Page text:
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Perhaps even Bob Knight himself isn't fully aware of the diverse and often deviant ways of all these former assistants of his who are cropping up in head coaching positions across the land. Maybe someone should reintroduce him to...Tennessee's Don DeVoe, who attended Lamaze classes with his wife during the most recent recruiting period; and East Carolina's Charlie Harrison, who thinks he might someday like to try his hand at writing fiction; and Texas's Bob Weltlich, who once dissolved in tears before the press; and SMU's Dave Bliss, who looks to Henry David Thoreau for inspiration; and Illinois State's Bob Donewald, whose most offensive oath is "No stinkin' way!"; and Cornell's Tom Miller, who uses Ultimate Frisbee in his conditioning program; and South Alabama's Mike Hanks, who admits he kind of enjoys the sounds when his players crank their boxes full blast; and Duke's Mike Krzyzewski, who encourages his wife to call coaching "our career," not just his; and Evansville's Jim Crews, who has no use for hunting and fishing. So, Bob, what do you have to say to that?
Somebody get me a chair.
It should be an endowed chair, of course—one of those maroon, thronelike club deals with the wooden curlicues and brass doohickeys around the edges, the kind of chair that many men would have trouble lifting, let alone throwing. As Knight begins his 21st season as a head coach, he's creating a legacy that may ultimately flatter him more than any of his other considerable achievements will. Fifteen of the men who assisted him at Army and Indiana are currently coaching college teams. Most win. To do so—as far as we know—none sins.
Oh, Notre Dame coach Digger Phelps has sent on a few assistants of distinction. So has Villanova's Rollie Massimino. (Dean Smith's adjutants at North Carolina tend to stay put.) But when we take the nine Knight School grads who push clipboards in the big time and add to them the alums who toil below the Division I level—at Ohio Northern (Gale Daugherty), Brigham Young-Hawaii (Ted Chidester), Wisconsin-Milwaukee (Ray Swetella), and at just about every point on the compass in the He-Showed-Me State (Missouri Southern's Chuck Williams, Northwest Missouri State's Lionel Sinn and Missouri Western's Skip Shear)—the man's record looks untouchable. In former DeVoe assistants Sonny Smith (Auburn) and Mack McCarthy (Tennessee-Chattanooga), there's even a second generation. And the paterfamilias is still a spry 45.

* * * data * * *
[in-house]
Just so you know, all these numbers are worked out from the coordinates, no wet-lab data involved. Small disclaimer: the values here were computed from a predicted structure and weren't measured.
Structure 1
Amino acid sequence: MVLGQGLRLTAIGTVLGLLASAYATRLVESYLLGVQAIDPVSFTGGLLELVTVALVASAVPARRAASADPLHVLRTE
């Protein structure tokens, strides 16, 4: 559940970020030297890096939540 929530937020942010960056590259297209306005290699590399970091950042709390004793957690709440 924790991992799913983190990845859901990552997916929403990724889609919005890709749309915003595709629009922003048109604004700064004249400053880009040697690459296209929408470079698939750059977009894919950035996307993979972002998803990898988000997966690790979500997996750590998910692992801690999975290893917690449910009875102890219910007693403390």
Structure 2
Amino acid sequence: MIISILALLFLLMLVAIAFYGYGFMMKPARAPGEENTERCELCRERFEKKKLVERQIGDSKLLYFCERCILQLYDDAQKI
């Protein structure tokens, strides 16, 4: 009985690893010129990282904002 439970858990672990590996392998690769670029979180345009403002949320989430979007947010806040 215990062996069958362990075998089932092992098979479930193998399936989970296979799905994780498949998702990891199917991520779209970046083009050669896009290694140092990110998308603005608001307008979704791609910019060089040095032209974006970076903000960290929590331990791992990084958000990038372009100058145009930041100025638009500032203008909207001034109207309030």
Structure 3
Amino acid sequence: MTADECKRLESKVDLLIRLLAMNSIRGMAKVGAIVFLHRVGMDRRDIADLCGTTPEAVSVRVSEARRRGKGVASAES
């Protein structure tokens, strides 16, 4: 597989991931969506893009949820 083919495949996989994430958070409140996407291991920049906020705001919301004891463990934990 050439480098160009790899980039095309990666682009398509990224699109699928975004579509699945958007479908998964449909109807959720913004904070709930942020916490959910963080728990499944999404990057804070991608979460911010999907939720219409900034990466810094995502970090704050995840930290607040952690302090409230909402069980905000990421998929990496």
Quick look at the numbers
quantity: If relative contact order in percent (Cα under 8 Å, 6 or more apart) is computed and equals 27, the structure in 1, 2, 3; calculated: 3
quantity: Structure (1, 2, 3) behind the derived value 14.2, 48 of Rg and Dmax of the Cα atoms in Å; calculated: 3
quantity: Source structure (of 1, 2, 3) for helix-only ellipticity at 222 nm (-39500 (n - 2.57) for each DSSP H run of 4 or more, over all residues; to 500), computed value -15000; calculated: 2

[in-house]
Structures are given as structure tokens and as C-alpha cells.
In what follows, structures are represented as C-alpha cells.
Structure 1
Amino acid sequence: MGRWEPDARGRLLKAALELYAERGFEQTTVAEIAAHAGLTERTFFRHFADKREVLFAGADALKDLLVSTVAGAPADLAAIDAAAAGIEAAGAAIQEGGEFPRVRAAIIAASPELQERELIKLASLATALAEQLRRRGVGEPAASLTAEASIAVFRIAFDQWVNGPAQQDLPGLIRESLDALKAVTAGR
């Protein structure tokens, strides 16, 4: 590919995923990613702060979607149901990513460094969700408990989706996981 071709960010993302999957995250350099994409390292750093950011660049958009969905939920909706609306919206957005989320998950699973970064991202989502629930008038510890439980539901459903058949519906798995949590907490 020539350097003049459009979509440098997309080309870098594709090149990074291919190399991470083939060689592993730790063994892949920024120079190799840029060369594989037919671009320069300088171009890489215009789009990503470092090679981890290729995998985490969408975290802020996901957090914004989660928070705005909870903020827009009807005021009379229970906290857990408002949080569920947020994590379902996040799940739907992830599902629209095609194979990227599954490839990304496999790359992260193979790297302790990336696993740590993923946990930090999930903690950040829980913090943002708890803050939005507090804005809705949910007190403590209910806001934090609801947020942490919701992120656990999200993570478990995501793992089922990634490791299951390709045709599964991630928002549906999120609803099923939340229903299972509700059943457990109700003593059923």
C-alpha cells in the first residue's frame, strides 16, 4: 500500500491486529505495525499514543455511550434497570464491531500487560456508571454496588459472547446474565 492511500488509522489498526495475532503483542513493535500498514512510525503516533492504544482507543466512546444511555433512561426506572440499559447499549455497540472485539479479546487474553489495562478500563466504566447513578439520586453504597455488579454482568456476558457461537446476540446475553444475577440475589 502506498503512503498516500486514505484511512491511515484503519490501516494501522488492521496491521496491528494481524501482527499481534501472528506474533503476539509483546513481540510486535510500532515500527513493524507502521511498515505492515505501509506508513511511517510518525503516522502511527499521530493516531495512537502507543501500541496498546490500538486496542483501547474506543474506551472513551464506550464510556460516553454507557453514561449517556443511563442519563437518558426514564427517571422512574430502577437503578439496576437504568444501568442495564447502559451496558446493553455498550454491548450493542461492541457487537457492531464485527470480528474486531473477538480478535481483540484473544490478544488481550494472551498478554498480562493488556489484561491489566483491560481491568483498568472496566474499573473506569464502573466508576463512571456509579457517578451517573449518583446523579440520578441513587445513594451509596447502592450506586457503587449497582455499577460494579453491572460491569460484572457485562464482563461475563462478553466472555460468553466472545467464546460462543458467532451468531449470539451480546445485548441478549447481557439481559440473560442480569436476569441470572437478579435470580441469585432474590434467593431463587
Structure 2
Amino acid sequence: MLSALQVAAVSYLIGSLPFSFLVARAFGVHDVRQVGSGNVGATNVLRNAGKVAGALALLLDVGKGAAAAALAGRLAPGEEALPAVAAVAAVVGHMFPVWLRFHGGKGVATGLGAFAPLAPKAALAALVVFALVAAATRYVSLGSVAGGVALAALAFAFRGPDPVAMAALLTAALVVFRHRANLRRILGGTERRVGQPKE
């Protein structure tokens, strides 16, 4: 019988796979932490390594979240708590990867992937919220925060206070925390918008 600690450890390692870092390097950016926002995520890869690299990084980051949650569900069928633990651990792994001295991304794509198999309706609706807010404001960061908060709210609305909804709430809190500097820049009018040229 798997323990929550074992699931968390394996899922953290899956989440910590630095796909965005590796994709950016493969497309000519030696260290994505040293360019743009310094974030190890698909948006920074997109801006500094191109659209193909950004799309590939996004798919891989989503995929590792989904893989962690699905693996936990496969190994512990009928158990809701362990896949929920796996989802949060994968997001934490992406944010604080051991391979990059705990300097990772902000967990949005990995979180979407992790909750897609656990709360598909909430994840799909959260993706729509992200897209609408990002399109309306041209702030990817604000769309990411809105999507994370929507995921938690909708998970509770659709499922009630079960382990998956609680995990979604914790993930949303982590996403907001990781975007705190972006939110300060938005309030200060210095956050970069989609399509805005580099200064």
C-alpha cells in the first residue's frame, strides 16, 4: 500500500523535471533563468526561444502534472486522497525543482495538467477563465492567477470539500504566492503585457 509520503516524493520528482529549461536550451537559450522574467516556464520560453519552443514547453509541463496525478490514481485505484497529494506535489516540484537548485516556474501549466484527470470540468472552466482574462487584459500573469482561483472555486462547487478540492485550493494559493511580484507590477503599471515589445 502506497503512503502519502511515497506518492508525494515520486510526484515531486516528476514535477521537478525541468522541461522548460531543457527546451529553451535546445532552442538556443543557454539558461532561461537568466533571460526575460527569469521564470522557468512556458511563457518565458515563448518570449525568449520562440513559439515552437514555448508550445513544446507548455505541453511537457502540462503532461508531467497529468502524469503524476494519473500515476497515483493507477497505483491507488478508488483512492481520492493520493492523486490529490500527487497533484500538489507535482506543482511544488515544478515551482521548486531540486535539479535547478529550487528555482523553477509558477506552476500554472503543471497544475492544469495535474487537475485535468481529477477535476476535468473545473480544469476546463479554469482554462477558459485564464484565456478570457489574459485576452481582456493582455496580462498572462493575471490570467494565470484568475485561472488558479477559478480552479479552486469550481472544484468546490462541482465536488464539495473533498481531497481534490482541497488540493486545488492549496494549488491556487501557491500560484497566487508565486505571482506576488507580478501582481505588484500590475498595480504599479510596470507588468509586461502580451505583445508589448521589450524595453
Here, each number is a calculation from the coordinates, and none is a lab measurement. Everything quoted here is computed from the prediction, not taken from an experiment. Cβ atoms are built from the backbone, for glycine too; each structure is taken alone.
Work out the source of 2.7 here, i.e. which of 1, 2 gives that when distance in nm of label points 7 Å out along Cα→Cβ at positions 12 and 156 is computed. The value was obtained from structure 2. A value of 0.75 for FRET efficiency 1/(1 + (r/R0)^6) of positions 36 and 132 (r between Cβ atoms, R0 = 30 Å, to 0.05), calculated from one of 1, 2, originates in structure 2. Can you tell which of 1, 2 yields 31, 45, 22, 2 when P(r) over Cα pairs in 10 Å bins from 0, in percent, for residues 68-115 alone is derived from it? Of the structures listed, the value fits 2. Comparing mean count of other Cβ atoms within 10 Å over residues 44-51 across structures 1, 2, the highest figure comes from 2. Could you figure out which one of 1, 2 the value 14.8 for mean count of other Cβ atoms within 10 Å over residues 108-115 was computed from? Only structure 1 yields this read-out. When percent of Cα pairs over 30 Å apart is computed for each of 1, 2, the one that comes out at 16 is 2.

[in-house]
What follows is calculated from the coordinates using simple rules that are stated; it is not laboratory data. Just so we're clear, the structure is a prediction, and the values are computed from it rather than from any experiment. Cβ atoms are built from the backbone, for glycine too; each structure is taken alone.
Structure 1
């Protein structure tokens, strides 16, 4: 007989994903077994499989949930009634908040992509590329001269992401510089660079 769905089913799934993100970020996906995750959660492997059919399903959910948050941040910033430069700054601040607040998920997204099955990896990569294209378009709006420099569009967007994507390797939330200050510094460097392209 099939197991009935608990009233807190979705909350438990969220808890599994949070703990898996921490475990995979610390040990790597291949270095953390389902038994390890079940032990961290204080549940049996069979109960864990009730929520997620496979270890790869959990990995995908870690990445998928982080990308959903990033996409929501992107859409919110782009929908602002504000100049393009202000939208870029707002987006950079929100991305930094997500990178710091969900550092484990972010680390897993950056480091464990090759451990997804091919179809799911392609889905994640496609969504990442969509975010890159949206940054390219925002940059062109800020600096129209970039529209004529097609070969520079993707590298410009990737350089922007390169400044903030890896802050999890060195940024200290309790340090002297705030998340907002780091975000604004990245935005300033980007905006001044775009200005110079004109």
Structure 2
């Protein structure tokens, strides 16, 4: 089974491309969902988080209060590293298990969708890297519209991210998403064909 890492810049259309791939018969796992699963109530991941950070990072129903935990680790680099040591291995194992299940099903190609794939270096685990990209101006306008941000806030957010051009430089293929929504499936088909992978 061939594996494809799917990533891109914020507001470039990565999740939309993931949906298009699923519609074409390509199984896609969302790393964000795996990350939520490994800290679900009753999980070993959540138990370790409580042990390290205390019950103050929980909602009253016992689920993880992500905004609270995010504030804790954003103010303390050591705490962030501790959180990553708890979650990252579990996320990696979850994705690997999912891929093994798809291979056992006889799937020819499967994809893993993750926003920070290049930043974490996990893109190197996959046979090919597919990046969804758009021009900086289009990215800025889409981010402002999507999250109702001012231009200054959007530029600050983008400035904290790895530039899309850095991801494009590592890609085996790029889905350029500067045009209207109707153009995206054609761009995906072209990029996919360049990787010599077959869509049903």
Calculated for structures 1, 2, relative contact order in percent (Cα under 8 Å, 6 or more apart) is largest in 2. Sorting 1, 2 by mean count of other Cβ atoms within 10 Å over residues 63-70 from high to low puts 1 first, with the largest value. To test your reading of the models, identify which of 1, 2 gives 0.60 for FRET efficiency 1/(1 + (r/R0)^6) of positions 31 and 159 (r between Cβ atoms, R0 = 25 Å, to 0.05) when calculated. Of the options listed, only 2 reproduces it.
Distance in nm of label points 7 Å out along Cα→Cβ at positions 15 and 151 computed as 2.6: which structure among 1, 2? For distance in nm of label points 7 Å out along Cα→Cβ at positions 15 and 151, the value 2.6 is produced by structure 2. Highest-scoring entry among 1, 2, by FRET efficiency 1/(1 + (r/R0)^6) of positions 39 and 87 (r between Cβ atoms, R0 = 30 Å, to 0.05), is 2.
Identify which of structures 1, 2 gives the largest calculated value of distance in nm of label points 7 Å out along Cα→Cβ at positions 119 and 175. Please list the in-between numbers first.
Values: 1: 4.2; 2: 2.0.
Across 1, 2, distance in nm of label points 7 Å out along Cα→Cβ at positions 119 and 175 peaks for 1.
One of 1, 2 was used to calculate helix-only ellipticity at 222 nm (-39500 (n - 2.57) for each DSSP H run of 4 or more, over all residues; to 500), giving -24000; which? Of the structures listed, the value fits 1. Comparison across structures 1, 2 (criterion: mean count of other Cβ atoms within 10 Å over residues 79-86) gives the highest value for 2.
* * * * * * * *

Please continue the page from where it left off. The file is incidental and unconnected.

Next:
While he had them, Knight expected each to aspire to become a head coach. "It's almost like he kicks his assistants out," says Miller. "He gives them a nudge out of the nest to see if they can fly on their own." Knight had been exposed to the pedagogy of command from the very beginning of his own career, as the enlisted assistant to Tates Locke at West Point, where men are prepared for leadership. "He doesn't have a 'recruiter' and a 'scout' and a 'game coach,' " says Crews. "You deal with scheduling, running a camp, recruiting, films, preparing a practice plan—the whole shebang. He's grooming you."
But Knight's head men don't wear plaid. "The single most unfair thing to Bob Knight is that we're constantly being compared to him," says Weltlich, who's usually likened to Knight for his intensity. "Like teacher, like pupil. The fallacy of the whole thing! I'm responsible for my own screwups." And just as each is his own man now, none was permitted to be a yes-man as an assistant. "Sure, there's an intimidation factor while working for him," says Krzyzewski, who played for Knight, too. "But he overcomes that by prompting discussion, drawing you out."
As his own idiosyncratic reputation grows ever more daunting, Knight has sent his younger aides—Hanks, Miller and Crews, in addition to Krzyzewski—off with explicit encouragement to be themselves. Play a bleeping zone, if you see fit. Most do, at least once in a while. As Krzyzewski tells it, Knight wants to be sure credit for success goes to the individual instead of some monolithic "system." More important, when things go bad, he doesn't want his men shirking the responsibility for failure. Only by failing can one discover how not to fail again.
Of course, they don't fail often. Collectively, the filial 15—less Crews, who begins his head coaching career this season—have a 1,782-1,424 mark, but that's not primarily why former Knight assistants are in such demand. "University presidents today want winning programs, but they also want honorable ones," DeVoe says. "So Bob Knight, being the figurehead he is, is called. And what he says carries a lot of weight."
If ever there was a time for Knight's Moral Minority, this is it.